Author Credentials

Ny’Nika T. McFadden, PhD, Connie C. Leeper, MD, MPH, Catanya G. Stager, PhD, Amanda H. Wilkerson, PhD, CHES®

Author ORCID Identifier

Ny'Nika McFadden https://orcid.org/0000-0002-9503-5374

Catanya Stager https://orcid.org/0000-0002-5604-6310

Amanda Wilkerson https://orcid.org/0000-0002-5116-9012


communication apprehension, communication training, family medicine interns


Health Communication | Interpersonal and Small Group Communication | Interprofessional Education | Medicine and Health Sciences

Grant Award Number




Assessing and addressing possible deficiencies in medical school training is important for residency programs. Due to virtual rotations and low patient volumes, the COVID-19 pandemic disrupted medical students’ opportunities to practice patient communication. Communication skills are essential for medical students and residents. Continuous participation in communication training can increase the self-efficacy of healthcare professionals. Due to the likely impact of COVID-19, we designed and implemented a tailored workshop that focused on increasing 16 incoming family medicine interns’ level of comfort communicating with patients and their families.


Sixteen incoming family medicine interns participated in the workshop during orientation in summer 2021. Workshop activities included personalized communication results, open-ended discussions about breaking bad news and improving health literacy, a medical jargon game, and teach-back method scenarios interacting with mock patients and mock patient’s family members. Pre- and post-assessment surveys were administered electronically. Communication apprehension (PRCA-24) and preferred style of communication (CSM) were measured in the pre-assessment. Satisfaction with the workshop was evaluated post-assessment.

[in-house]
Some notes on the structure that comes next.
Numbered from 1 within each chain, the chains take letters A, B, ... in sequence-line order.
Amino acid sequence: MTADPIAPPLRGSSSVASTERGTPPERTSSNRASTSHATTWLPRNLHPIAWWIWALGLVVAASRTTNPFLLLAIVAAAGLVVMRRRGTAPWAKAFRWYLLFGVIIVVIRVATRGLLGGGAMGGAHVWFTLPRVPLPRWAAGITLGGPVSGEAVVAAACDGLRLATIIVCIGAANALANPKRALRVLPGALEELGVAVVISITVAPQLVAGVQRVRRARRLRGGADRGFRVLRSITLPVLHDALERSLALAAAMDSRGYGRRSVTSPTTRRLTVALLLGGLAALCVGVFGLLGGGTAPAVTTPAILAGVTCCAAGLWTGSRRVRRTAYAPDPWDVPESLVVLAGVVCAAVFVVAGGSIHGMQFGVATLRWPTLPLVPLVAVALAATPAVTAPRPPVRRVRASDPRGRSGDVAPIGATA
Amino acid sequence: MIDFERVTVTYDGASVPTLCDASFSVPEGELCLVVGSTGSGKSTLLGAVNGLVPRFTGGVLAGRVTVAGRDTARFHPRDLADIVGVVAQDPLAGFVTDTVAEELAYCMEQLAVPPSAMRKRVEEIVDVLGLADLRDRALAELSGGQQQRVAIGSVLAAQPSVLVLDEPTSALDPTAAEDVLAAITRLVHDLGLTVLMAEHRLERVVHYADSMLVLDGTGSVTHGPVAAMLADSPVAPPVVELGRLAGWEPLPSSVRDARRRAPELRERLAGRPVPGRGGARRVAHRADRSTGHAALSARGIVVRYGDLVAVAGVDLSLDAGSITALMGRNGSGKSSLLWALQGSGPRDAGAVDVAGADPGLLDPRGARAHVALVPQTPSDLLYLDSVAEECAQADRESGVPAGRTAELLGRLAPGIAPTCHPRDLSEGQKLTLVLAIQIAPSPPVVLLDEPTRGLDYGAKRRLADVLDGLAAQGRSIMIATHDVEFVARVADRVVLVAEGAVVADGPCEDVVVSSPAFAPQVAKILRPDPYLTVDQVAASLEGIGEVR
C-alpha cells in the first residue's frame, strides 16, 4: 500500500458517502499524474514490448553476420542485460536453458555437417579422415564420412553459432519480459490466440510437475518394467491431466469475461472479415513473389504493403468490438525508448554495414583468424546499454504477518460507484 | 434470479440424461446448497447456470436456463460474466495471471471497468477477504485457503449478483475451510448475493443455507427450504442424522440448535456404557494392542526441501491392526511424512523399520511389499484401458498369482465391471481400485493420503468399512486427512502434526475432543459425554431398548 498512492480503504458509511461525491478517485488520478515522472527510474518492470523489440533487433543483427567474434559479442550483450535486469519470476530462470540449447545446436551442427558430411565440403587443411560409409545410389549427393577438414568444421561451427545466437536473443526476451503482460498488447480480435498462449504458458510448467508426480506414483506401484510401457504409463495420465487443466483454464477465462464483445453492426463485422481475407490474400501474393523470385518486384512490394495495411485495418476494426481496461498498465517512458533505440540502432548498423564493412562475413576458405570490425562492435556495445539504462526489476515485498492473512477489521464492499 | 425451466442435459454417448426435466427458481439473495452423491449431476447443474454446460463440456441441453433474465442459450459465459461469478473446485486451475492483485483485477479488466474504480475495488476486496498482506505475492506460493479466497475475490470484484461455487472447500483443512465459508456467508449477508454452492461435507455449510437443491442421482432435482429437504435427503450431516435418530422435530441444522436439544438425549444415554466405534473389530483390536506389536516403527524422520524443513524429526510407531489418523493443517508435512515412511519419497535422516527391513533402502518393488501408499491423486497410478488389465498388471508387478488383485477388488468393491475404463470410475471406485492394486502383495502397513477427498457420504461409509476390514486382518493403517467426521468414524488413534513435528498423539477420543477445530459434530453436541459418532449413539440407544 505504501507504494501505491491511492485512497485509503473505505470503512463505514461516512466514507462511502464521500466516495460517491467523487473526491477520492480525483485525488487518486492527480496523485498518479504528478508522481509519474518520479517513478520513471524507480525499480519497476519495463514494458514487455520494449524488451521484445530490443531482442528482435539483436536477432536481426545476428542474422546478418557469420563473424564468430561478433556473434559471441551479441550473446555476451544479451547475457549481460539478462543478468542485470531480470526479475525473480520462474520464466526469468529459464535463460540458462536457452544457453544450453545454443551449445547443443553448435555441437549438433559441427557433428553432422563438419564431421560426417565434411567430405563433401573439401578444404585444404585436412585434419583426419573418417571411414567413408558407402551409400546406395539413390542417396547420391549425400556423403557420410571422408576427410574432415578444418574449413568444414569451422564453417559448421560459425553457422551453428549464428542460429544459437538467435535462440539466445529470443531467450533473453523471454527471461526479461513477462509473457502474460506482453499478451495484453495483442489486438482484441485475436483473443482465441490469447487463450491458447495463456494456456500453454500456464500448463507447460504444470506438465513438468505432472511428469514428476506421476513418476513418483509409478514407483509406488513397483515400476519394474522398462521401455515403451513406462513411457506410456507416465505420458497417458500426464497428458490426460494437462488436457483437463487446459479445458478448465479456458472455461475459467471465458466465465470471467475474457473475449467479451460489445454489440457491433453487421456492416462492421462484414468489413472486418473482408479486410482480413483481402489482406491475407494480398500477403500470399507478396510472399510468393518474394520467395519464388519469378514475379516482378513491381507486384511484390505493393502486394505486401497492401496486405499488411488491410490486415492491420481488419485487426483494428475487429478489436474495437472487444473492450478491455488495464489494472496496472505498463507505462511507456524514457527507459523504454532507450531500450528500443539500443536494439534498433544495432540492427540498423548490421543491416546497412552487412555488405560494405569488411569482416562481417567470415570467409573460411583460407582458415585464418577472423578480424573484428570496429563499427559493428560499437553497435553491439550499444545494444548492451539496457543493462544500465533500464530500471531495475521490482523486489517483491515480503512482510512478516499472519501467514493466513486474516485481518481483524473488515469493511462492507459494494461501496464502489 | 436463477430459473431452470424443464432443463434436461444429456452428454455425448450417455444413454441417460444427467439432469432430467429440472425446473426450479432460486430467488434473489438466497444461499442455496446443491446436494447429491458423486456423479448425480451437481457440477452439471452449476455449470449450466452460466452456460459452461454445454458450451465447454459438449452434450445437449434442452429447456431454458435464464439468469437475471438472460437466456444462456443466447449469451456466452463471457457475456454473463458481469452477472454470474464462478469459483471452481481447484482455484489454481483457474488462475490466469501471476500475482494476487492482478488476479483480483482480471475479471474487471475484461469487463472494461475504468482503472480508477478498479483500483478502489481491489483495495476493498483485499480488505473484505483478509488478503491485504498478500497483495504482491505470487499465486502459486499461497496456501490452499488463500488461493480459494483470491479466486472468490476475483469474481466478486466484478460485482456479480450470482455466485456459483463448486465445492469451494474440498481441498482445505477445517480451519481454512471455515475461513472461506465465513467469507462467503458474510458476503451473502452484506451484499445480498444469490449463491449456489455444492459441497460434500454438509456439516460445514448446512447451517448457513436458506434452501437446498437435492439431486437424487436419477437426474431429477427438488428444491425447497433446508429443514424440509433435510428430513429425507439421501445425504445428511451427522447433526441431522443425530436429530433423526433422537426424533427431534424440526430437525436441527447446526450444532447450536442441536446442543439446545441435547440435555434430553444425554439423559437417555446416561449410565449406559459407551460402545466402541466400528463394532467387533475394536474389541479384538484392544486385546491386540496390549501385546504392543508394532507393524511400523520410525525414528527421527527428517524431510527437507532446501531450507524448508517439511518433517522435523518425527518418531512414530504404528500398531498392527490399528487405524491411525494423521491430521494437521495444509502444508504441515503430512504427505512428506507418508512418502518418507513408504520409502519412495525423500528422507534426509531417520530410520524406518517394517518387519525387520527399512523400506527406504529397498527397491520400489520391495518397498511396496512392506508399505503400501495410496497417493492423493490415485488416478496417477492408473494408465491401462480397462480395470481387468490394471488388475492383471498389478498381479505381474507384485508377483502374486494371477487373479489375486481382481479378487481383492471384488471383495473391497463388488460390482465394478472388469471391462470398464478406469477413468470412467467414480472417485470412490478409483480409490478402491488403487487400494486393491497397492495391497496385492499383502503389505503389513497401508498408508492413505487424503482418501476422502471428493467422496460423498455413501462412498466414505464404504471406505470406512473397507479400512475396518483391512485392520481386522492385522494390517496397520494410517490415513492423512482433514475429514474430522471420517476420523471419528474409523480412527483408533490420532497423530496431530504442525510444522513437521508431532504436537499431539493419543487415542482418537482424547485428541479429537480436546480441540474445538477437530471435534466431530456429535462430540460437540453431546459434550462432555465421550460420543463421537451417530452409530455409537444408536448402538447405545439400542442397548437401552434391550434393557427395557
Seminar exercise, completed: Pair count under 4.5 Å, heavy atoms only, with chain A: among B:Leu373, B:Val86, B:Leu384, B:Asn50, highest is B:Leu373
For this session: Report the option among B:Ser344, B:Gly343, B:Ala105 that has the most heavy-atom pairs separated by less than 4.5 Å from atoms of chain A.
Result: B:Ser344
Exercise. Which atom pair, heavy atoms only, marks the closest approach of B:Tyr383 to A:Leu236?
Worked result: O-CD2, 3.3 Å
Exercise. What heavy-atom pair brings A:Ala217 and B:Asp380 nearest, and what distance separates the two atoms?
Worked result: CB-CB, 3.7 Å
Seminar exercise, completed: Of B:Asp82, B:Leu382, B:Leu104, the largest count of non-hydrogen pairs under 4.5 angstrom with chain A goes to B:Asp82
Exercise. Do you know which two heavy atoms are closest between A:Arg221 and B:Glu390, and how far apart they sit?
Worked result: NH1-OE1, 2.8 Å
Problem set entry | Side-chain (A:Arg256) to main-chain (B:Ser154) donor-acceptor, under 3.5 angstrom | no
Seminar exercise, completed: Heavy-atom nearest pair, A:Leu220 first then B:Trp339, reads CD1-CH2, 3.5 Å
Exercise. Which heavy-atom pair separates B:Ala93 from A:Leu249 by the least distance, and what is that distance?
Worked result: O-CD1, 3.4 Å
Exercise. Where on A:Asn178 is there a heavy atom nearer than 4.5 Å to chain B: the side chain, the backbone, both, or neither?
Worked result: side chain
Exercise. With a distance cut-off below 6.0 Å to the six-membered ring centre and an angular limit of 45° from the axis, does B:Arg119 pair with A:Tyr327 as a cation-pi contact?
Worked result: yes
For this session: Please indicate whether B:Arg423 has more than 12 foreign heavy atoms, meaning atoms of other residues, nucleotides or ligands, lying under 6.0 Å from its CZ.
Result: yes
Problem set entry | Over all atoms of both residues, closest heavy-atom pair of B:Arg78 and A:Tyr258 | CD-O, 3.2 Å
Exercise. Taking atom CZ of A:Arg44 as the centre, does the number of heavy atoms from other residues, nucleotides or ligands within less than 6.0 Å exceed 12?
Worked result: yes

Interns demonstrated average communication apprehension pre-assessment. The most common (n=12) communication style was friendly. Post-assessment findings revealed that most respondents rated the workshop as useful (n=5) and somewhat useful (n=5). Many (n=5) respondents recommended this training. Responses for individual questions ranged from 9 (56%) to 12 (75%) of the 16 interns. Interns suggested future workshops include increased time for the teach-back method scenarios.


Interns whose medical school training was impacted by the COVID-19 pandemic found communication training useful. Future workshops should assess changes in communication outcomes post-assessment to determine the impact of the training. Additionally, future studies should consider incorporating a communication theory as a framework to determine appropriate communication activities that can address medical students, interns, or residents’ communication apprehension.


communication apprehension, communication training, family medicine interns